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Four "Simple" But "Serious" Problems

On this week's recommended website MathOverFlow.com, Michael Hardy posed a question that elicited some helpful responses. Also, it included some interesting questions, which serve as this week's problems-to-solve.


When people graduate with honors from prestigious universities thinking everything in math is already known and the field consists of memorizing algorithms, then the educational system has failed in one of its major endeavors.

If members of the next freshman class will take just one one-semester math course before becoming the aforementioned graduates, here's what I think I might do.... I would not have a fixed syllabus of topics that the course must cover by the end of the semester. I would assign very simple but serious problems that I would not tell the students how to do. A few simple examples:

  1. 3x5 = 5+5+5 and 5x3 = 3+3+3+3+3. Why must this operation thus defined be commutative?
  2. A water lily has a single leaf floating on the surface of a pond. The leaf doubles in size every day. After 16 days it covers the whole pond. How long will it take two such leaves to cover the whole pond.... (See below for how one reader (B.A., OR) extended this problem)
  3. Visualize a square circumscribing a circle with radius 1. Here is how you use this to see that pi < 4 . [Explanation: Outside square has area of 4 and inside circle has area of pi.] Now figure out how to prove that pi > 3 by a similarly simple argument.
  4. Multiples of 12 are 12, 24, 36, 48, 60, 72, 84, ...... Multiples of 18 are 18, 36, 54, 72, 90, ..... The smallest one that they have in common is 36. Multiples of 63 are 63, 126, 189, 252, 315, 378,..... Multiples of 77 are 77, 154, 231, 308, 385,.... Could this sequence go on forever without any number appearing in both lists? Is it the case that no matter which pair of numbers you start with, eventually some number will appear in both lists?
I said simple but serious, the latter meaning they will actually learn something worth learning about mathematics or about how to think about mathematics. Not all need be as elementary as these. With some of the less elementary problems I might sketch a solution or write out a solution in detail and then ask questions about the solution.

I would not fix in advance the date at which problems were to be turned in, but would set deadlines after discussion reveals that serious difficulties are overcome. I might also do some "teasing" concerning various math topics not covered.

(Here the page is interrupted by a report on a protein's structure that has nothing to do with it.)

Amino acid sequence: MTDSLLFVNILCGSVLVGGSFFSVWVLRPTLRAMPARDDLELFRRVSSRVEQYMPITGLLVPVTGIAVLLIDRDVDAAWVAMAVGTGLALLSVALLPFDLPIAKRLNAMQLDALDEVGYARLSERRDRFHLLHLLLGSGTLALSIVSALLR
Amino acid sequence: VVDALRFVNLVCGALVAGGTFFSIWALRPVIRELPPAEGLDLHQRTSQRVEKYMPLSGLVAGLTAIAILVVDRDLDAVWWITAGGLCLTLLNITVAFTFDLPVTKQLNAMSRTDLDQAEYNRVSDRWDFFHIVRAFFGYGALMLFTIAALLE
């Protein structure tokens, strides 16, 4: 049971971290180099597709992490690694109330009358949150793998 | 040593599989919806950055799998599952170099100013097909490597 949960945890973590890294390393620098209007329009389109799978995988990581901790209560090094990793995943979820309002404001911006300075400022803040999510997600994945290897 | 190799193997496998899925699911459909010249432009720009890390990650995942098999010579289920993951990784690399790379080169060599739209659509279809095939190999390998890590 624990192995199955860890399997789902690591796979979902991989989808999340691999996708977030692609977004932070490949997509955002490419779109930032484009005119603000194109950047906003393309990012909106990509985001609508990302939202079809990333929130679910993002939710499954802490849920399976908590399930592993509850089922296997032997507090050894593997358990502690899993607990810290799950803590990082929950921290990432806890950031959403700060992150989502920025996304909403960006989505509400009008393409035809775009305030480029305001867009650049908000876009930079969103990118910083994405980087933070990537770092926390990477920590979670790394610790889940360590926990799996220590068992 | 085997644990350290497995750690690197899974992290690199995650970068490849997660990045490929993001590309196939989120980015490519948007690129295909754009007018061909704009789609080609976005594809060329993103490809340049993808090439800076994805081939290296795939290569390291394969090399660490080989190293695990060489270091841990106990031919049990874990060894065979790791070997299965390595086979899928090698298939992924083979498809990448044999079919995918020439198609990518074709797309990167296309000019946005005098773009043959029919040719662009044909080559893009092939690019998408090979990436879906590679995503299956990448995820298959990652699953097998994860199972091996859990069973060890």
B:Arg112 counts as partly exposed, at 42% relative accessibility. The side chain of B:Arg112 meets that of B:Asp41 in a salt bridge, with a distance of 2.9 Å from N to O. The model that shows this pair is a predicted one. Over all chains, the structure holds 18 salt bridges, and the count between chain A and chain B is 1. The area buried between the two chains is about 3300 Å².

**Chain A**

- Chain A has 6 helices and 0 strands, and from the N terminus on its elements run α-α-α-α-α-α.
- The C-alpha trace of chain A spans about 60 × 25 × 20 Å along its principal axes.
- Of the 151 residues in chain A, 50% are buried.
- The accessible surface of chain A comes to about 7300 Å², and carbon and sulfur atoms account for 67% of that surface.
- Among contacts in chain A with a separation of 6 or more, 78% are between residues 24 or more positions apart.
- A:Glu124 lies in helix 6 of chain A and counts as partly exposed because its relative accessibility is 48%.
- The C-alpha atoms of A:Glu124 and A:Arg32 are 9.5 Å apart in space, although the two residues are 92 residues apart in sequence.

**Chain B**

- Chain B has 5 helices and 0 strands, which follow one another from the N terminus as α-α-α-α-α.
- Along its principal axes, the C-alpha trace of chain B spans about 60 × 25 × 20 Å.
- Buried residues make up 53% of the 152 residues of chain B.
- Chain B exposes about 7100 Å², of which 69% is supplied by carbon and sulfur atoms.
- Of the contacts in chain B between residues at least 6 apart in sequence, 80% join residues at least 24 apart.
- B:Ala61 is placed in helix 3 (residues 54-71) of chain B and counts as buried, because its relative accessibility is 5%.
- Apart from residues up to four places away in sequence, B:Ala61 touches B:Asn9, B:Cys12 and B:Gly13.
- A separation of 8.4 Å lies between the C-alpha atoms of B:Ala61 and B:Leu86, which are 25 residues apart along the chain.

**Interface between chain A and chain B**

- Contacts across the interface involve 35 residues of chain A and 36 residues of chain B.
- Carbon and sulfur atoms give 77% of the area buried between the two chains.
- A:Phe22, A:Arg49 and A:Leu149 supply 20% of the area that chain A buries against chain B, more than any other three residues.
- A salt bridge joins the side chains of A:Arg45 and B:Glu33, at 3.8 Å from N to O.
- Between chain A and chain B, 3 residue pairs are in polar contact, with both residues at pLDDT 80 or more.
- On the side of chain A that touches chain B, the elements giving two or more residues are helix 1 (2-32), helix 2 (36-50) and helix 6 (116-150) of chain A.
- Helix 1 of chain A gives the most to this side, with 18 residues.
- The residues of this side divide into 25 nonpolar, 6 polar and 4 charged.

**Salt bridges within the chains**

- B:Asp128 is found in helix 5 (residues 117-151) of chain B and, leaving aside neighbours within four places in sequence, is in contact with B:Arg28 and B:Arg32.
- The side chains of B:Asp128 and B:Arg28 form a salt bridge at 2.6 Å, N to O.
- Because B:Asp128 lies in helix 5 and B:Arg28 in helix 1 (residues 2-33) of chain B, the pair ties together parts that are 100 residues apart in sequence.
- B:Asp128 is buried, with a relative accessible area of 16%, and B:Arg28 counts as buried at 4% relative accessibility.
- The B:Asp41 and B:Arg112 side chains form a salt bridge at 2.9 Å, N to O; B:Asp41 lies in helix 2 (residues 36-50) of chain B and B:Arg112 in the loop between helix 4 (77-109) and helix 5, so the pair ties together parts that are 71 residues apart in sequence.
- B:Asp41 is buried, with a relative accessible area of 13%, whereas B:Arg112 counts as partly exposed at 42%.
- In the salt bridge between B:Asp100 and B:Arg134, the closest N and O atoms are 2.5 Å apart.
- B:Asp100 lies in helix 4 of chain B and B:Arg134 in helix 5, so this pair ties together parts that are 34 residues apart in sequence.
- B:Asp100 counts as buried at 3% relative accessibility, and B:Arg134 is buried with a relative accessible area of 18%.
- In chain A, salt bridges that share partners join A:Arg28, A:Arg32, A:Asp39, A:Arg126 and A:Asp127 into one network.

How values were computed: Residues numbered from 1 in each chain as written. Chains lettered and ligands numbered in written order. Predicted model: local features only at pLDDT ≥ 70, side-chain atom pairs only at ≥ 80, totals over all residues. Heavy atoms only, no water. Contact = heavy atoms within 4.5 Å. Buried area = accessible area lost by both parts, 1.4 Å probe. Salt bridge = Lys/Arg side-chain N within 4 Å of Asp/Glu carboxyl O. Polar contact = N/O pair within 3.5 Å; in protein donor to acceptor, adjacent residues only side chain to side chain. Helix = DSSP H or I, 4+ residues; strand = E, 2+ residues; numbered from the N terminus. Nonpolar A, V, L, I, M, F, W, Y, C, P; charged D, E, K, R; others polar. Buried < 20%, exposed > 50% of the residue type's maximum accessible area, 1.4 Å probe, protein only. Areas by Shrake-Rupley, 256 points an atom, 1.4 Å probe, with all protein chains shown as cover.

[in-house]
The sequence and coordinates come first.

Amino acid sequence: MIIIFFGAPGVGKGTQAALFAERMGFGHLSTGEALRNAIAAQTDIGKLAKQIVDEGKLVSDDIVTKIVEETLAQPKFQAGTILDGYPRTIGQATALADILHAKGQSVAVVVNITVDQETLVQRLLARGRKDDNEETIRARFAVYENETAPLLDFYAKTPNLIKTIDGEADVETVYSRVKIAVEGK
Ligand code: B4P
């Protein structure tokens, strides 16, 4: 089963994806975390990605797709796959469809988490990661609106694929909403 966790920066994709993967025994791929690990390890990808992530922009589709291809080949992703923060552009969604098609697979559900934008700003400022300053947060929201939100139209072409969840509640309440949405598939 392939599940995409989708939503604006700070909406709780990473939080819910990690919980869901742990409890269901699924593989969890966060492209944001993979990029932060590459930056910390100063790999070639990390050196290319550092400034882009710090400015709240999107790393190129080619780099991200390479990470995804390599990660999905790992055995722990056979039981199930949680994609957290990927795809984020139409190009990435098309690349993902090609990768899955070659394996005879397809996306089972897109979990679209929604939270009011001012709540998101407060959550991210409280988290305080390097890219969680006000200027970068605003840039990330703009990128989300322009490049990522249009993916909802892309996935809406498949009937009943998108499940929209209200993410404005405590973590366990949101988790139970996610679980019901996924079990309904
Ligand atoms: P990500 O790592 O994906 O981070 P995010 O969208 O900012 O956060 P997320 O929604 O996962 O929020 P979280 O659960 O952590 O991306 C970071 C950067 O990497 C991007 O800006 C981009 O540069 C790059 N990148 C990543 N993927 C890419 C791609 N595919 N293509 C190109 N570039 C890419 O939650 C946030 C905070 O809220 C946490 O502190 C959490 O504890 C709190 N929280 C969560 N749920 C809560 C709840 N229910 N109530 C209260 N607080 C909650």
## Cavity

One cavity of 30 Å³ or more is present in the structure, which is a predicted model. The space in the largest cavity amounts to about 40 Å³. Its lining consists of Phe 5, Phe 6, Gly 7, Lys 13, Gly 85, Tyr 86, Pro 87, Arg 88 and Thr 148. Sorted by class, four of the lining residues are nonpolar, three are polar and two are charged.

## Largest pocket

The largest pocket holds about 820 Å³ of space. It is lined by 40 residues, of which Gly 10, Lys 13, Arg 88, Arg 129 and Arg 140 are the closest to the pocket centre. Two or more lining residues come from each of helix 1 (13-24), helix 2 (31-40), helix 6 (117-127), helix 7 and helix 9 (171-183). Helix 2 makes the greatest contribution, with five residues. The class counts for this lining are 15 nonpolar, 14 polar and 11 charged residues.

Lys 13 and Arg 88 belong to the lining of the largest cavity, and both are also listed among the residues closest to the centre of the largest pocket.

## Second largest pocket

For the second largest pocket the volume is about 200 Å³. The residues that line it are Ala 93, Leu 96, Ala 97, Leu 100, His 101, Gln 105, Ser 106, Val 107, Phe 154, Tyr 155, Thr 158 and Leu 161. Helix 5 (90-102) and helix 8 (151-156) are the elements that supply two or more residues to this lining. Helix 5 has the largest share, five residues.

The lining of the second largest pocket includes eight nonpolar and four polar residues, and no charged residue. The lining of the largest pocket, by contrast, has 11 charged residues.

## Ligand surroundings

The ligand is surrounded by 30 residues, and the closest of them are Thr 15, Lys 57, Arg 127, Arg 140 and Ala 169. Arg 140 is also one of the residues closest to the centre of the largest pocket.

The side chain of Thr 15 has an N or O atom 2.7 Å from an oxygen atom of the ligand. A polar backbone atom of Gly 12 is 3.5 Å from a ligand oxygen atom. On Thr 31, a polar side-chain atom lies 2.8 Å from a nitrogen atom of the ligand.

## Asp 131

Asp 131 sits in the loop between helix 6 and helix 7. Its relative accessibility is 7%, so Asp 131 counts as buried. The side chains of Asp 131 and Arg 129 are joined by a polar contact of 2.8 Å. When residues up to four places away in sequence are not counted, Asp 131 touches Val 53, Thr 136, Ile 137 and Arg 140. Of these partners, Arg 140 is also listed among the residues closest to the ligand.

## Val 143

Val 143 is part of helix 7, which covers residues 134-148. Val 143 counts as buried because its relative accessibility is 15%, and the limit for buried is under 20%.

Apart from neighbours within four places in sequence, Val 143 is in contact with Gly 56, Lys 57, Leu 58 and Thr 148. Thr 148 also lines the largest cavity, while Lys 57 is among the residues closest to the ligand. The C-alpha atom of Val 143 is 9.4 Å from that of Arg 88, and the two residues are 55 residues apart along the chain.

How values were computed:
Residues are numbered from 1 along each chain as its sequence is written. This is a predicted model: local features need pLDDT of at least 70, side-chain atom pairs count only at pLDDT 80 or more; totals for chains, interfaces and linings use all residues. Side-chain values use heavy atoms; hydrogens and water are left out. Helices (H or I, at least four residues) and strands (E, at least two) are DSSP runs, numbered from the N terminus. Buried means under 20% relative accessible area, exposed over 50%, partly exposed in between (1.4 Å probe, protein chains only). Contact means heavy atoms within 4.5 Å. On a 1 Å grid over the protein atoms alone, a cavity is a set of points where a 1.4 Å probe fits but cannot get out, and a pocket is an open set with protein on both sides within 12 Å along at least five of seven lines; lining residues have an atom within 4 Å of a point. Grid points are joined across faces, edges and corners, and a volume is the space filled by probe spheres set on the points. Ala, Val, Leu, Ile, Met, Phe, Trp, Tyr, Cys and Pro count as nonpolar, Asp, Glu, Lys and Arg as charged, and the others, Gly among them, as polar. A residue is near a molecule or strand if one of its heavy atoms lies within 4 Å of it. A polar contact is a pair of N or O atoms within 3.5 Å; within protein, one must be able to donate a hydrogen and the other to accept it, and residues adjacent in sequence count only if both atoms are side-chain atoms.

B.A. (OR) offers these extensions of Water Lily Problem...

Sunday 2013-02-24 the MathNEXUS Problem of the Week included the following problem to ponder. : )

A water lily has a single leaf floating on the surface of a pond. The leaf doubles in size every day. After 16 days it covers the whole pond. How long will it take two such leaves to cover the whole pond?

We think that the intended answer is 15 days, but we have a few reservations.

How does the water lily double? Does its linear dimensions double? In that case, the area increases by a factor of 4. Or does its area double every day? We will assume the later.

We searched Bing for images of water lilies and found many. A water lily leaf is sort of oval with a chunk cut out of one end. The chunk is roughly triangular, but with curved sides.

Is the shape of the pond similar (ala geometry) to the shape of the water lily? Is the size of the pond 2^16 times the size of the water lily before it begins doubling? [Have we got that right?] Is the water lily positioned in exactly the right place in the pond before it begins doubling in size? If yes, then we can imagine the water lily doubling away until it covers the pond exactly.

What if the water lily is close to one side of the pond. Then after a few doublings, part of it would be in the pond and part of it would bump up on the land near that side. Then it would require more doubling to cover the pond.

But what if the shape of the pond is not similar to the shape of the water lily? Maybe it is square or rectangular or circular or perhaps irregular in shape as ponds are wont to be.

Now think about two water lilies. Are they side by side? End to end? At two random locations in the pond? And think again about the shape of the pond. Wherever the two water lilies are in the pond when they both begin doubling, might there be uncovered water between them? If their centers of mass remain in the original places, won't they overlap as they double?

Oops! What if the water lilies continue doubling after they cover the pond? How much territory will they cover in 17 days? 20 days? 100 days? In how many days will they cover the Earth?

Wow! This problem seems more like an investigation or a project. Thanks to MathNEXUS for posing such an interesting ponderable problem.

Thanks Bob....

 


Hint: On Question #1, think about what commutivity means...and would it help to write 5+5+5 = 3+3+3+3+3?

On Question #2, Hardy writes: "Here lots of students say "8 days". I might warn them against that. This is the very hardest problem assigned in an algebra course that I taught, according to most of the students."

On question #3, assume that the circle has radius 2...then look at respective areas.

On Question #4, Hardy writes: "Usual answer: Yes. It will. Because 63 and 77 have nothing in common."

 


Solution Commentary: You are on your own....as described by Hardy, the poser of the questions.